Table of Contents Show
- Is It Possible to Live in an RV Fulltime?
- Pros of Living Fulltime in an RV
- Cons of Living Fulltime in an RV
- What You Need to Know Before Living in an RV Fulltime
- Choosing the Right RV is Important
- Nothing Will Prepare You Enough
- Expect a Lot of Maintenance
- It’s Challenging to Wear Your Active Dogs Out
- WiFi Isn’t Readily Available
- It Costs More Than You Think
- You Won’t Need As Much Stuff As You Thought
- Even a Four Season Camper Is Hard to Heat or Cool
- You’re Always Cleaning
- You’ll Wish You Did It Sooner
- Living in an RV Isn’t Picture Perfect, But It’s Worth It
Instagram and other social media platforms are excellent places for those living fulltime in an RV to share their adventures.
However, most people treat social media as their highlight reel and only share the exciting and positive aspects of life. This creates a distorted reality for those considering the RV lifestyle.
We strongly encourage anyone contemplating living fulltime in an RV to have a more realistic view of the lifestyle.
Today, you can learn from the mistakes and regrets of other RVers living fulltime in an RV. We’ve gathered some of the most vital pieces of information that RVers wish they knew before hitting the road.
Is It Possible to Live in an RV Fulltime?
Living in an RV fulltime is becoming trendier. More individuals and families embrace remote work and learning, which they can often do from anywhere.
The nomadic lifestyle isn’t for everyone, but it can be an incredible way to live if you can adjust.
There are some areas where living fulltime in an RV isn’t possible or easy to achieve. This could be due to local rules and regulations or the weather.
Inclement weather in the winter and summer can make living in certain areas challenging. However, you can make modifications and adjustments to make the lifestyle possible.
Pros of Living Fulltime in an RV
One of the biggest pros of living fulltime in an RV is that your home has wheels. If you don’t like the weather or the area, you can pack up your things and go.
Many people embracing fulltime RV life often use their rig to take them across the country. They can experience the unique landscapes and cultures they had previously only seen in pictures.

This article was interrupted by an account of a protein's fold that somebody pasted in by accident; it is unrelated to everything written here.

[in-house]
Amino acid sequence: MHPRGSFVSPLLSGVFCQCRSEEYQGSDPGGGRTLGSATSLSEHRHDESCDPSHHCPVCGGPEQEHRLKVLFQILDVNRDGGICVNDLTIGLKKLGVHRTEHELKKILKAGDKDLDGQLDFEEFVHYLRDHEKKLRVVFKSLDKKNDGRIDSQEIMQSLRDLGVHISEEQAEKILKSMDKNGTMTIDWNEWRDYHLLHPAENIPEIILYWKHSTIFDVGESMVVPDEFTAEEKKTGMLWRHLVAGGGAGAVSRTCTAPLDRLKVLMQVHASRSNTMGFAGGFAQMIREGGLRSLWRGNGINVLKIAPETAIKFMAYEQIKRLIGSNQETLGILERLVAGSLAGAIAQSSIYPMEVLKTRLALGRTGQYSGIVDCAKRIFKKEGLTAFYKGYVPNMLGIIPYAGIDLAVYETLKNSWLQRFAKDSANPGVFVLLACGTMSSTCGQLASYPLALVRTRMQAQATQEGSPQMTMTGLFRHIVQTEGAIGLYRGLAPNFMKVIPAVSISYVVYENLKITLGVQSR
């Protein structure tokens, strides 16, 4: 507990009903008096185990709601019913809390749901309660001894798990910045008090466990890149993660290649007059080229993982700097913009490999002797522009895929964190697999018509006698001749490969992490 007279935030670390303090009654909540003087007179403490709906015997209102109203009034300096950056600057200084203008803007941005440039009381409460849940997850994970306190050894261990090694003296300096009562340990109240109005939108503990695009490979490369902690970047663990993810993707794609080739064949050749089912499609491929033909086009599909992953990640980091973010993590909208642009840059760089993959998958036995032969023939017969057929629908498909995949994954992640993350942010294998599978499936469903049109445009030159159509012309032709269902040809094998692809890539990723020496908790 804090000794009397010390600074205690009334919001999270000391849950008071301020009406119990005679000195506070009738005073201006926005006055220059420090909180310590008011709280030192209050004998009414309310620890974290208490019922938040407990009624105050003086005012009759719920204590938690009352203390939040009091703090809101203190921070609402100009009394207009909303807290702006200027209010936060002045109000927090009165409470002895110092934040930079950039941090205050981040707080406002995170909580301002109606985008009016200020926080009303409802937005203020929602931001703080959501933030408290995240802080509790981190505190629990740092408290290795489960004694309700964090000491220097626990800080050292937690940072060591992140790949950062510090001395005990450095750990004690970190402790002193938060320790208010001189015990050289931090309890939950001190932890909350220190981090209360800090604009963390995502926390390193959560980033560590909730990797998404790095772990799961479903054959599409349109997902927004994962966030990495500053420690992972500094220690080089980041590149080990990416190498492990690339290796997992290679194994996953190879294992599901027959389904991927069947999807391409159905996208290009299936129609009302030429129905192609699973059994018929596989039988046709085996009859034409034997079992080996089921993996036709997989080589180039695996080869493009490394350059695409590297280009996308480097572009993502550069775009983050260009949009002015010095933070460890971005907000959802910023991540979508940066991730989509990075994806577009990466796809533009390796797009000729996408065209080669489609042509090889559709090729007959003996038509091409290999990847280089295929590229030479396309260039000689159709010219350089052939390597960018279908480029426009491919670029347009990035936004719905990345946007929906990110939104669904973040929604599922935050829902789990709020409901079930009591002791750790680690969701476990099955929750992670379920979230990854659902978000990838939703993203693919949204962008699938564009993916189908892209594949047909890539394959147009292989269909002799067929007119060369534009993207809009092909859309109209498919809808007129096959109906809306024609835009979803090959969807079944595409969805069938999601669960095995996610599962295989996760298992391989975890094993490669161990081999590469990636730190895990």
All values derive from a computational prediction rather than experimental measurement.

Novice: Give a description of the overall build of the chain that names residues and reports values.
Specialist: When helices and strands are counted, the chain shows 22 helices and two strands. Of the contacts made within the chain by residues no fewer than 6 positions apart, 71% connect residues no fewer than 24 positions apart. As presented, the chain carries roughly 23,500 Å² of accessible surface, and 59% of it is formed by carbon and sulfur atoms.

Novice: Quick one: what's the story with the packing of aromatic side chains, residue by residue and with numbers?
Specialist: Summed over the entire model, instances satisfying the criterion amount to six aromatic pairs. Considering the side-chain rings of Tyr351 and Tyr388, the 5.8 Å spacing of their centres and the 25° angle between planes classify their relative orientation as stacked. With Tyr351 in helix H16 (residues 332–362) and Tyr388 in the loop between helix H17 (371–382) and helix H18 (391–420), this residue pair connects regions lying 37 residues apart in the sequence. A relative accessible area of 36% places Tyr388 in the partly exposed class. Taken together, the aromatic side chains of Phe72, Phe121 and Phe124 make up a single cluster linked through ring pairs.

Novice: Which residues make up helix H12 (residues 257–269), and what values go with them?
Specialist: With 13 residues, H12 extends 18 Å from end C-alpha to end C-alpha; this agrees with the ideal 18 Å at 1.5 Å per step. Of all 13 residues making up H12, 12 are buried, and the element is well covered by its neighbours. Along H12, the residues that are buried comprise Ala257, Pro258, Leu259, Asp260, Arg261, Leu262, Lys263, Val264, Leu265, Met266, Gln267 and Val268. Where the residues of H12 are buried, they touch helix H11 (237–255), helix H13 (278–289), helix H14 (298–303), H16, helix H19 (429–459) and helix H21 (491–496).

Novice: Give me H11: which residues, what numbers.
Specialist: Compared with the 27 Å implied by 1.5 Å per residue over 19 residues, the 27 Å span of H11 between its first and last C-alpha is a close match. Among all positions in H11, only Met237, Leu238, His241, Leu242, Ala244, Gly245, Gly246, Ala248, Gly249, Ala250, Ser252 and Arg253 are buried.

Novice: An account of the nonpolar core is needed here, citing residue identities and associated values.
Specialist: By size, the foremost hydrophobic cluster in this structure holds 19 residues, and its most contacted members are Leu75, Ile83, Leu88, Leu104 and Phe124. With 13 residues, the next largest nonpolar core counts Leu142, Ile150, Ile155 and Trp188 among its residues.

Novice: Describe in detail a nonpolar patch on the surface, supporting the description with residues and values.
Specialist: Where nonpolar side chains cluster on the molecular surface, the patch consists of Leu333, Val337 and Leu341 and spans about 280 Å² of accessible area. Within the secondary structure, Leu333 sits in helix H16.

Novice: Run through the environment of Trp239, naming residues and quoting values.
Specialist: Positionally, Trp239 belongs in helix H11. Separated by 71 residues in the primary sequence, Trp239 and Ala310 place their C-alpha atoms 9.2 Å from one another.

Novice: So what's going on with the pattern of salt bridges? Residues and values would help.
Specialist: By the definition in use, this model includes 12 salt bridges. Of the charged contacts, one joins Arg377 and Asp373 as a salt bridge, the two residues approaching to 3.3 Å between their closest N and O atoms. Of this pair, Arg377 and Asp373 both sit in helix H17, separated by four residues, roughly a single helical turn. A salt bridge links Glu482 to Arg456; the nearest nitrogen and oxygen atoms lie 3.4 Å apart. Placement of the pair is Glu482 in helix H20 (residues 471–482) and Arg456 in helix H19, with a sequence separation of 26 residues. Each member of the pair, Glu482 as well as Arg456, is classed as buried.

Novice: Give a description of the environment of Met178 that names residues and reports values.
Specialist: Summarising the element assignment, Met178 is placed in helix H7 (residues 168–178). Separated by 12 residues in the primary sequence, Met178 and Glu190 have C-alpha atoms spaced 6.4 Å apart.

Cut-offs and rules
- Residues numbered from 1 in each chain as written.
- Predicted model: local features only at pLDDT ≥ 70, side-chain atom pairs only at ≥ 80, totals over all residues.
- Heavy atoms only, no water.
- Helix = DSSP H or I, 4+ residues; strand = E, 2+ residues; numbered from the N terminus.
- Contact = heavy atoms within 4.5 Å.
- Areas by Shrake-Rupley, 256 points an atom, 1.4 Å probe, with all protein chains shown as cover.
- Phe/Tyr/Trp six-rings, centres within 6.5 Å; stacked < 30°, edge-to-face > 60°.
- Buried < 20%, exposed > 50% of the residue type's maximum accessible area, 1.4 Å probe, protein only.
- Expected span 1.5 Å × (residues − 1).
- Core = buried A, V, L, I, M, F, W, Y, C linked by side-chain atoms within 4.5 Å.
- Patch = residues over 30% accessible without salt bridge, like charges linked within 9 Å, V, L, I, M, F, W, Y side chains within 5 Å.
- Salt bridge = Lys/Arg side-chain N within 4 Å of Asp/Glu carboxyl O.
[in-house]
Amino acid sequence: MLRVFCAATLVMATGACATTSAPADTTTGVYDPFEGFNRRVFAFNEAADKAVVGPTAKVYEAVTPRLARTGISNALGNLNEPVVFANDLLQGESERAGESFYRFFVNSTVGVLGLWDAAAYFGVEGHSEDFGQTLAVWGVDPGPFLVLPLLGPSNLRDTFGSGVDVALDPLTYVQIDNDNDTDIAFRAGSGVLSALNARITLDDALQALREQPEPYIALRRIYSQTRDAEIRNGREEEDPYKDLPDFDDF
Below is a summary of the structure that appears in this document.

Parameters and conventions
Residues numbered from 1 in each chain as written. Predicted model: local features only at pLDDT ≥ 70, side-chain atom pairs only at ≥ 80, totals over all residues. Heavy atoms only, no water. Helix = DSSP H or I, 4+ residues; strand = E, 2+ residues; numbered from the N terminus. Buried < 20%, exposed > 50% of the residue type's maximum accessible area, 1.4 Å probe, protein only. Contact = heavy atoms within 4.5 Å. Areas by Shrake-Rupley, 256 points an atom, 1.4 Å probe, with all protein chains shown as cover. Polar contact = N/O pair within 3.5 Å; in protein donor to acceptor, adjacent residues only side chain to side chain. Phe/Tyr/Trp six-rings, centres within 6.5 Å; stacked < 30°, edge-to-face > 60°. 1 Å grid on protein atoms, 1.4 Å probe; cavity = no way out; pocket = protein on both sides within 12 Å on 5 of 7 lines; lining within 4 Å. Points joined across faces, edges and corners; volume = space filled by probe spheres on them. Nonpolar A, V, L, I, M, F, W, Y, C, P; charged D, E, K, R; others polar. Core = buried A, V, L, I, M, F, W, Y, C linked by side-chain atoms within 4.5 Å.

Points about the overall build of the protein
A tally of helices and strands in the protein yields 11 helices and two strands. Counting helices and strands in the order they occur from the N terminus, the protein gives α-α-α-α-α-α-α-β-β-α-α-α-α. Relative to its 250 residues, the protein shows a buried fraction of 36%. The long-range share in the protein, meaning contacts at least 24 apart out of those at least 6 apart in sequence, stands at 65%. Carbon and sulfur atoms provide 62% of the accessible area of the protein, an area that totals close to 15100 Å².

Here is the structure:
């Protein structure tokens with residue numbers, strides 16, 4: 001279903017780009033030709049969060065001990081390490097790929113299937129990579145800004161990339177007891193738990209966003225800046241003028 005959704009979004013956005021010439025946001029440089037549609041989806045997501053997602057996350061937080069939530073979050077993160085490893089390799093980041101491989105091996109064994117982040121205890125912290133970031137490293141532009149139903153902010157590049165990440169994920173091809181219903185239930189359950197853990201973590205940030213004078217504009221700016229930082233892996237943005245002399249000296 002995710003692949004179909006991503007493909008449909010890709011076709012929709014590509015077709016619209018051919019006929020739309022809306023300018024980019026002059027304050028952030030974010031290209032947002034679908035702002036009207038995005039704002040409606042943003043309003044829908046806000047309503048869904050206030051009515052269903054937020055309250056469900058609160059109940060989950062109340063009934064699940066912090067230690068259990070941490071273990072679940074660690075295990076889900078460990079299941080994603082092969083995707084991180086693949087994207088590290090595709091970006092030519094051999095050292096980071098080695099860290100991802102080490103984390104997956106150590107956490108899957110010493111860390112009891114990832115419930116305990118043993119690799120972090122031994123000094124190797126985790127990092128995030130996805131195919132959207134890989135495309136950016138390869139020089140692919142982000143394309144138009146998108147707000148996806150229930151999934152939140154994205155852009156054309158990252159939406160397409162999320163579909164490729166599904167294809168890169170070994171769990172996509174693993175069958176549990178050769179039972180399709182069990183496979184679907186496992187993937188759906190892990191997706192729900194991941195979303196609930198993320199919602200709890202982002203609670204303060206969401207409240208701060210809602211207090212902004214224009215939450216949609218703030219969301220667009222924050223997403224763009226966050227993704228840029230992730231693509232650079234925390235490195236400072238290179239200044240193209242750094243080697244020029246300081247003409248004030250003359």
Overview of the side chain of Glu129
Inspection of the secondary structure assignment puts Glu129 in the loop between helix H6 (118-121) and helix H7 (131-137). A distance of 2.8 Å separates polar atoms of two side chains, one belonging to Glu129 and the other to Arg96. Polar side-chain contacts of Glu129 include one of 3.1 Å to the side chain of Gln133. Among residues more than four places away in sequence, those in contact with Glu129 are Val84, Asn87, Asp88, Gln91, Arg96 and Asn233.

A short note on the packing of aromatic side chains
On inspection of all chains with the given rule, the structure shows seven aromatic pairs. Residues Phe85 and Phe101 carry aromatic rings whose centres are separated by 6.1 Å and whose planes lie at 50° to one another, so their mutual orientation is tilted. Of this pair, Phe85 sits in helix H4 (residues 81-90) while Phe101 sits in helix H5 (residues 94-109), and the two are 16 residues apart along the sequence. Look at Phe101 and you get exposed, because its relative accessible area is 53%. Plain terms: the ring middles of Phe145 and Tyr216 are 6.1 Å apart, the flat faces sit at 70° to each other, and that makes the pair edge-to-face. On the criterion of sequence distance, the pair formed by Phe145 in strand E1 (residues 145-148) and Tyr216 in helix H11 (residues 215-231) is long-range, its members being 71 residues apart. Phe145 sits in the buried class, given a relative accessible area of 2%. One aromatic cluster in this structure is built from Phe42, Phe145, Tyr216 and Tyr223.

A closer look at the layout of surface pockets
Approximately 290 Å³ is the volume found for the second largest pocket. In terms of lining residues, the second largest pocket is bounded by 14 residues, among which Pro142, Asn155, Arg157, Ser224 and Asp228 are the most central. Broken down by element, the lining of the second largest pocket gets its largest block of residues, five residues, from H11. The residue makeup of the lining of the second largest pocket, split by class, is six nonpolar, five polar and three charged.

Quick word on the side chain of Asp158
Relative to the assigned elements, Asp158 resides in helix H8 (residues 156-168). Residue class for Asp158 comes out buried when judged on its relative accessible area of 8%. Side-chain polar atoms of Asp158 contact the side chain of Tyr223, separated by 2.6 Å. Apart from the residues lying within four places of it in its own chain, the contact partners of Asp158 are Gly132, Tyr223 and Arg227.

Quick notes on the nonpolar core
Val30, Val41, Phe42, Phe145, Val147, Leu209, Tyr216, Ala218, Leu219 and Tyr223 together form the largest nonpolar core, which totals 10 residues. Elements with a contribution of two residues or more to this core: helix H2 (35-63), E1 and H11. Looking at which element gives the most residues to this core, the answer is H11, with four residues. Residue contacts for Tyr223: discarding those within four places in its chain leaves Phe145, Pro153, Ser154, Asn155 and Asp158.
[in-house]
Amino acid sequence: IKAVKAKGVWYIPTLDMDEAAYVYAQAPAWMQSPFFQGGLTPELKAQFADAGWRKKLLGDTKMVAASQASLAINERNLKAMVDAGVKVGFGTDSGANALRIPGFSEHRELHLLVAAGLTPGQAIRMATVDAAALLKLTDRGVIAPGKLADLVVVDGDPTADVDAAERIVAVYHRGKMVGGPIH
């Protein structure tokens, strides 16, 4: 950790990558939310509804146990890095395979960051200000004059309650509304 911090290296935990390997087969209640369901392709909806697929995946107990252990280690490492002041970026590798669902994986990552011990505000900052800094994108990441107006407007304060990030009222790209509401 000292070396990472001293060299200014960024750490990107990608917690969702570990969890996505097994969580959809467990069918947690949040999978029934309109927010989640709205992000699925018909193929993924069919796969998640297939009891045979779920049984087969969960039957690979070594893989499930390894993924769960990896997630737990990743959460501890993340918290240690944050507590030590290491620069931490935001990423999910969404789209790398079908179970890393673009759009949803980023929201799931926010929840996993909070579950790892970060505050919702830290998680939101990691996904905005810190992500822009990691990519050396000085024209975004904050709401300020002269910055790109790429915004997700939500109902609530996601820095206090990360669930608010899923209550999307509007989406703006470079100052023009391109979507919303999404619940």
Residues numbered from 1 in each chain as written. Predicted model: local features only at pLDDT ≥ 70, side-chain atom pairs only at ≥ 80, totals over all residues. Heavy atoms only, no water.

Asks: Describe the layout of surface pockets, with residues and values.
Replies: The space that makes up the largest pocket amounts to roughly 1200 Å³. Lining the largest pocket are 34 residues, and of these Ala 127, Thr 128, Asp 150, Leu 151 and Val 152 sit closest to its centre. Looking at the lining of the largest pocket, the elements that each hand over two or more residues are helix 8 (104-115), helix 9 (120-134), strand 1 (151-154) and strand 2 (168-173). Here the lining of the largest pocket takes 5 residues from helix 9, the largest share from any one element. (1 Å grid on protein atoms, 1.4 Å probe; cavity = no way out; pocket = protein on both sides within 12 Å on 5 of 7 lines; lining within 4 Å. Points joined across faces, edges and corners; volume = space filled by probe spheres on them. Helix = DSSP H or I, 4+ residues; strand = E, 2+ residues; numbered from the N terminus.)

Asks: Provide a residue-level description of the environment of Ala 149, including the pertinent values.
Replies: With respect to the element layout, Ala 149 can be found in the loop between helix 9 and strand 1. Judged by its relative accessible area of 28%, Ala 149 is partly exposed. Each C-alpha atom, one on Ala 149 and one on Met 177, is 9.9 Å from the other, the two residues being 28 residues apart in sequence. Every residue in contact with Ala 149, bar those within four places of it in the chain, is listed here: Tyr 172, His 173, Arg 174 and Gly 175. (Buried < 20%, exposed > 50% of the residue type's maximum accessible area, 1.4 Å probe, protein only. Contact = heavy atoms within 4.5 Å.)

If you embrace RV life, you must also adopt a minimalist lifestyle. RVs don’t have vast storage, which means reducing your belongings.
The less stuff you have, the less you’ll have to pick up and organize. Many RVers love how quickly they can clean up the clutter around their home on wheels.
Read More: Considering the fulltime RV lifestyle? Well, we can bet these are the Two Things That Are Stopping You from Full-Time RV Living.
Cons of Living Fulltime in an RV
Living fulltime in an RV is no picnic. Keeping your RV in working order can seem like a never-ending task.
Many components require regular attention to keep everything running efficiently and effectively. Failing to do so can void warranties and create severe issues for your rig.
While tiny living sounds incredible, reality hits hard when you realize you’re living in a couple of hundred square feet. Many people trade-in homes with bedrooms that are more spacious than an RV.
If you’re planning to live in an RV fulltime with other people, you’d best get comfortable being close to them. The weather won’t always cooperate, and you might be stuck inside for several days.
RVs are notorious for breaking parts. If you’re not comfortable learning how to fix things, you’ll need a bottomless wallet.
Paying for repairs can get expensive quickly, and learning how to resolve fundamental issues is crucial.
What You Need to Know Before Living in an RV Fulltime
When it comes to things RVers wish they knew before living fulltime in an RV, there’s no better source than actual RVers.